1.     Although I was in the army (for as little time as reasonably possible), I never experienced what McNeil did, at that time.  I have later, however.  Have you had an experience such as he described? (p.222)

I have experienced the kind of “muscular bonding” that McNeil speaks of.  It first happened to me during the high school and university years in which I played varsity sports – especially in the play-by-play aspects of football, but also in soccer and (to a lesser extent) in baseball.  The key was that I really identified myself as being part of a team.

While a bit more intense, I had this very same kind of experience while I was on active duty in the Marine Corps – feeling the cohesiveness of my unit, learning to forget my own needs on behalf of the goals and safety of my platoon, and learning to trust the men under my command in the process.  A cherished saying of any infantryman is to either hear someone say to you, or be able to say to another Marine, “I’ve got your six!” – meaning, “I’ve got your back!” Imagine as if the area around you were in the form of a clock; with twelve straight ahead of you, three would be on your right, and nine on your left – six, then, would be behind you.  Remember the movie 12 O’clock High?  In that instance, however, pilots would be referring to the additional dimensions of whether the enemy was coming in high or low.

2.     What do you think about Homo duplex? (p.225)

We may be much more than that – a triplex, quadraplex, or more – where there are different levels of loyalty depending upon the groups to which one belongs.  For example, I have sentiments that bind me to my family that are stronger than the bonds that I have with my friends.  And the bonds that I have with my friends are stronger than my bond to the Church – and so on.  Like a series of concentric circles moving outward in my life – from family, to neighborhood, to community, state, nation, geographical region, and then to the whole world – the sentiments that bind me to others and my surroundings (and, yes, even to those spiritual and inanimate ones) varies with how close I feel toward them, how much I would give of myself for them, and what is ultimately most important to me.

3.     How do you think COVID-19 is (and will) affecting our sacred vs profane interests? (p.226)  What about our Social Capital? (p.243)

While I question Haidt’s narrow definition of sacred – as simply “where the self disappears and collective interests predominate” – I do think that a pandemic can help us understand that we’re not just in the same boat; we are all in the same storm.  So, we’ve got to learn how to work together more efficiently as a species to overcome the global dangers that we all face.  The issue of climate change is one example of an area where the quality of life has become a threat that should concern us all – there are many others.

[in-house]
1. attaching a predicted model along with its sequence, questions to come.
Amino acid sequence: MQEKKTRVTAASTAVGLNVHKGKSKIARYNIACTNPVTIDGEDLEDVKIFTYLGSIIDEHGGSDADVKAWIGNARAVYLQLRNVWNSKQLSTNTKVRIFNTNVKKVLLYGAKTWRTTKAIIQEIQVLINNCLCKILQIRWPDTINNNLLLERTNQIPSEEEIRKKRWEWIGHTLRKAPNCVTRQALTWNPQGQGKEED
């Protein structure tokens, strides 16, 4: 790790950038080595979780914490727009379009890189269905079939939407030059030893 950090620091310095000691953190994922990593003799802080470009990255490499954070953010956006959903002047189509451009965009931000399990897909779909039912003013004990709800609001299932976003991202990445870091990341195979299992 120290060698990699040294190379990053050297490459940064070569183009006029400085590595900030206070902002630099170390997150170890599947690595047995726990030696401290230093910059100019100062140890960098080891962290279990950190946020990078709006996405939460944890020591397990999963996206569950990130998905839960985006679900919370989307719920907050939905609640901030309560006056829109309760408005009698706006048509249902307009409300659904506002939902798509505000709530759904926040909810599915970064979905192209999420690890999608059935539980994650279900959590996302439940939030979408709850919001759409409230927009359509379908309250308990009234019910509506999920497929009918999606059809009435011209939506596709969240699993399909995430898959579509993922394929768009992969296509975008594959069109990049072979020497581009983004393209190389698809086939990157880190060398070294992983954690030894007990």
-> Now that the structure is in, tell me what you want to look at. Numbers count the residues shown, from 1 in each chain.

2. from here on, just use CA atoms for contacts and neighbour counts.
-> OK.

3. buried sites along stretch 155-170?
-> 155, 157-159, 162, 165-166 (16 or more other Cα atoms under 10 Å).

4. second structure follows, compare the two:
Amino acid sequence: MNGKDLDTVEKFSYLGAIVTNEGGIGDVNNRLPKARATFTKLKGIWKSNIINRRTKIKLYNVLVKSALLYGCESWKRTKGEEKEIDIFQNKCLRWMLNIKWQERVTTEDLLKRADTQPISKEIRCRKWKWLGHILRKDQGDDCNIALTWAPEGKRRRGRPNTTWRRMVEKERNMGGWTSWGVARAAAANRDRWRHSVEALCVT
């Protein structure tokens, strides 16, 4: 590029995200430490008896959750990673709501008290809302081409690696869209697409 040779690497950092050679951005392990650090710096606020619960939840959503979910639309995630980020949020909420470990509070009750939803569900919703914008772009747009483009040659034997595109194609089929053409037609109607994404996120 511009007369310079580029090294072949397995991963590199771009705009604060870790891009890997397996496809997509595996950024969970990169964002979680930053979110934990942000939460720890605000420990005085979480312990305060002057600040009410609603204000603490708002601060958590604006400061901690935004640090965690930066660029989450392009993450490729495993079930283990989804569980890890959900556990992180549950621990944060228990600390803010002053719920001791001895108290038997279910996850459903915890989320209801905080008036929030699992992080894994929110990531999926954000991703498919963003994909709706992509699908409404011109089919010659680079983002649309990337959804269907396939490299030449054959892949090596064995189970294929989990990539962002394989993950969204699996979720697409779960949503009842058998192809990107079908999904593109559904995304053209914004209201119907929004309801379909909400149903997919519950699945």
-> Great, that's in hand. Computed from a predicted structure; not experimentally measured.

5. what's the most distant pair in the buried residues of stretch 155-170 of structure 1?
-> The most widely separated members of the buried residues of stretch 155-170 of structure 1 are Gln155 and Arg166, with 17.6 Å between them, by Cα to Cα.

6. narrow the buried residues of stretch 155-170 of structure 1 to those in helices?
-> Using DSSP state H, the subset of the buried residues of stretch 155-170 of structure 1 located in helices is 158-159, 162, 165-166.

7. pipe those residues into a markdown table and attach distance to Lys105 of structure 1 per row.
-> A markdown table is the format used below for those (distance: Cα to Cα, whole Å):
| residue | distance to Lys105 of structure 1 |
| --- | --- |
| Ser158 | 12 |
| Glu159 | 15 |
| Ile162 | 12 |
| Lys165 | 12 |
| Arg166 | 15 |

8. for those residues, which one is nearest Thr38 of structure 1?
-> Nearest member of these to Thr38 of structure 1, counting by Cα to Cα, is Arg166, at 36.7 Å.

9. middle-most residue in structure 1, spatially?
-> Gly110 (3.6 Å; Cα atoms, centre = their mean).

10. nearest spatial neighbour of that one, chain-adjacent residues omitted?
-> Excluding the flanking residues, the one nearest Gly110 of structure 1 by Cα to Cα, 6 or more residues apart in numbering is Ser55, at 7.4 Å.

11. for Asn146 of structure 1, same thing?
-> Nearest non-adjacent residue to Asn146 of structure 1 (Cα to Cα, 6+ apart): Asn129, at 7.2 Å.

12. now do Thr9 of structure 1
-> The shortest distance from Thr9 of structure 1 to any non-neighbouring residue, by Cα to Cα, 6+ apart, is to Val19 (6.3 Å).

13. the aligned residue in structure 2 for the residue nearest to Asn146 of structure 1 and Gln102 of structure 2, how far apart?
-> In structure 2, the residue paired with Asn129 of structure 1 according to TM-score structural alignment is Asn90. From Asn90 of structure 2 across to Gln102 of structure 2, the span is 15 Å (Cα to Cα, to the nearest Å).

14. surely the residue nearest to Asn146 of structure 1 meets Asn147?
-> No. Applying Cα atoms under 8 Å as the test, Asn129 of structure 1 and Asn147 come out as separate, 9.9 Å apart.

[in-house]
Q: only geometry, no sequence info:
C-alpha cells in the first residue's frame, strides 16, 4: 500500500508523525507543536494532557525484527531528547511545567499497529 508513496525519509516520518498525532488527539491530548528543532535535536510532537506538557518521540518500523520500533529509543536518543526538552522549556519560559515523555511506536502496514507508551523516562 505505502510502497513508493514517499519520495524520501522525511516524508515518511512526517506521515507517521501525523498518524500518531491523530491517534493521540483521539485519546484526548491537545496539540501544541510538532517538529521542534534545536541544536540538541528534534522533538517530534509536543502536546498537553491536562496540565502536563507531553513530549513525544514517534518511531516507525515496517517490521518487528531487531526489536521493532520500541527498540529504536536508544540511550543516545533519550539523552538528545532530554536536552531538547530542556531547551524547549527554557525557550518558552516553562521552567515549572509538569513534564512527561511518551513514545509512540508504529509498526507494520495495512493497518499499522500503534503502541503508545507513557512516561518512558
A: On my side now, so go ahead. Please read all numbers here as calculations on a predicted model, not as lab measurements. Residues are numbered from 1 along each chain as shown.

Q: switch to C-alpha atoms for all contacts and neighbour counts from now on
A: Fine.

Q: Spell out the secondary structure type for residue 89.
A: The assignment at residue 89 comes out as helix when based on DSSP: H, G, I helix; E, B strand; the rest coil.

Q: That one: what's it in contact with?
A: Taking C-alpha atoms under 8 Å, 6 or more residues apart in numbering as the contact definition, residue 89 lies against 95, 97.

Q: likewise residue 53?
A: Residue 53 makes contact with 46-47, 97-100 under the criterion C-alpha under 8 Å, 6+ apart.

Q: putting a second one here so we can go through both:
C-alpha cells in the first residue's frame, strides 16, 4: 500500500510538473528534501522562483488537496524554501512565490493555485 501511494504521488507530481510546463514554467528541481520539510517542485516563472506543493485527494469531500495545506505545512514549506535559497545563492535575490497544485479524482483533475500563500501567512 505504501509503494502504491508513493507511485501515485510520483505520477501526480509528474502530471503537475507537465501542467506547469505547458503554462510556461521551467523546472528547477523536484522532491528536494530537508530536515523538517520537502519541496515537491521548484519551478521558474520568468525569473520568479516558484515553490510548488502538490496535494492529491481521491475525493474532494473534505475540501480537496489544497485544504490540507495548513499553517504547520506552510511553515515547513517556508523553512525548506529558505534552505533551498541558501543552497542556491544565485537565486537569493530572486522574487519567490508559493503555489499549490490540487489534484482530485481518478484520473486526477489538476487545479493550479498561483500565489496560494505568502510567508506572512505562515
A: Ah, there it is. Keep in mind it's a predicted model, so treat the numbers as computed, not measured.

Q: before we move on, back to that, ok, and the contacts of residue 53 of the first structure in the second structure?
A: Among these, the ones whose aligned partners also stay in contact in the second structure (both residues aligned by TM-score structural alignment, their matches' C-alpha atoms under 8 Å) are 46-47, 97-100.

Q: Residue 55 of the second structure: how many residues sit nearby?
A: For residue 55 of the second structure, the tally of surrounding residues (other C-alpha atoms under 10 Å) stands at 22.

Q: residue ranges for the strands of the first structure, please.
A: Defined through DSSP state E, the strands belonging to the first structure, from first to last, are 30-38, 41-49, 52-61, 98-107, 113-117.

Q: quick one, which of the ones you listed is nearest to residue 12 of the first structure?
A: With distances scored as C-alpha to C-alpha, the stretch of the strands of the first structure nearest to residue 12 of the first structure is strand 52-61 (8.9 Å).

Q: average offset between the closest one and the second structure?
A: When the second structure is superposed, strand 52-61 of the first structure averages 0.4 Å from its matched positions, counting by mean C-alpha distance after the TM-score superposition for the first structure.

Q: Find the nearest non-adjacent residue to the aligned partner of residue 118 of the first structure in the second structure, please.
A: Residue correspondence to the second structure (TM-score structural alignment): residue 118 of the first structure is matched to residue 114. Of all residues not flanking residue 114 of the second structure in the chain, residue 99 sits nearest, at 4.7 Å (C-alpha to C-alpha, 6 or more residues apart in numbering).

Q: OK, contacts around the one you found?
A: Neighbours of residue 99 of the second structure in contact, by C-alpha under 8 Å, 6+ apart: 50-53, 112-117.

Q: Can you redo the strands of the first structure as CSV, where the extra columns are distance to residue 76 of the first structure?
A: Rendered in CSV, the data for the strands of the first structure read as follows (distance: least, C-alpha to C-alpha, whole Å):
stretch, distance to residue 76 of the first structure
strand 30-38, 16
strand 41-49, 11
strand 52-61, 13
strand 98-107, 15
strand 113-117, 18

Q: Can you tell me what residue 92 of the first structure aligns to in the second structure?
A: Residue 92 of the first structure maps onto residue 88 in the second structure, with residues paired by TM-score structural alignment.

I also question Haidt’s conclusion that our “ordinary day-to-day world where we live most of our lives” is, by its very nature, profane.  We choose to make it so (e.g., as in Deuteronomy 30: 19).

If we were to agree with Robert Putnam’s outline of social capital – that it “makes us smarter, healthier, safer, richer, and better able to govern a just and stable democracy” – then, yes, absolutely, we would greatly benefit from such capital.  But we’re desperate for it, now, to be used in the face of national and global concerns that go far beyond just handling any virus.

4.     What activity in our society do you see that transforms children into adults?  How well does it work? (p.229)

I don’t see any singular activity that “transforms children into adults” – as if it were like some of the ancient tribal rituals that would mark pubescent youth moving from childhood to adulthood in a single day.  It’s a process – that may actually begin in kindergarten.  In that, I’m reminded of Robert Fulghum’s 1968 book, All I Really Need to Know I Learned in Kindergarten in which he said these were the things that he learned there: 

·      Share everything

·      Play fair.

·      Don’t hit people

·      Put things back where you found them.

·      Clean up your own mess.

·      Don’t take things that aren’t yours.

·      Say you’re sorry when you hurt somebody.

·      Wash your hands before you eat.

·      Flush.

·      Warm cookies and cold milk are good for you.

·      Live a balanced life – learn some and think some and draw and paint and sing and dance and play and work every day some.

·      Take a nap every afternoon.

·      When you go out into the world, watch out for traffic, hold hands, and stick together.

·      Be aware of wonder.  Remember the little seed in the Styrofoam cup:  The roots go down and the plant goes up and nobody really knows how or why, but we are all like that.

·      Goldfish and hamsters and white mice and even the little seed in the Styrofoam cup – they all die.  So do we.

·      And then remember the Dick-and-Jane books and the first word you learned – the biggest word of all – LOOK. 

He then concluded with this point:

                        “Everything you need to know is in there somewhere.  The Golden

                        Rule and love and basic sanitation.  Ecology and politics and equality

                        and sane living” (pp.6-7).                                                                      

How well does this process work?  If you skip (or never get) what you’re supposed to learn in a loving, nurturing family and/or in your childhood, you may never become a true adult – no matter how old you are.  I think we’re seeing that play out in politics right about now.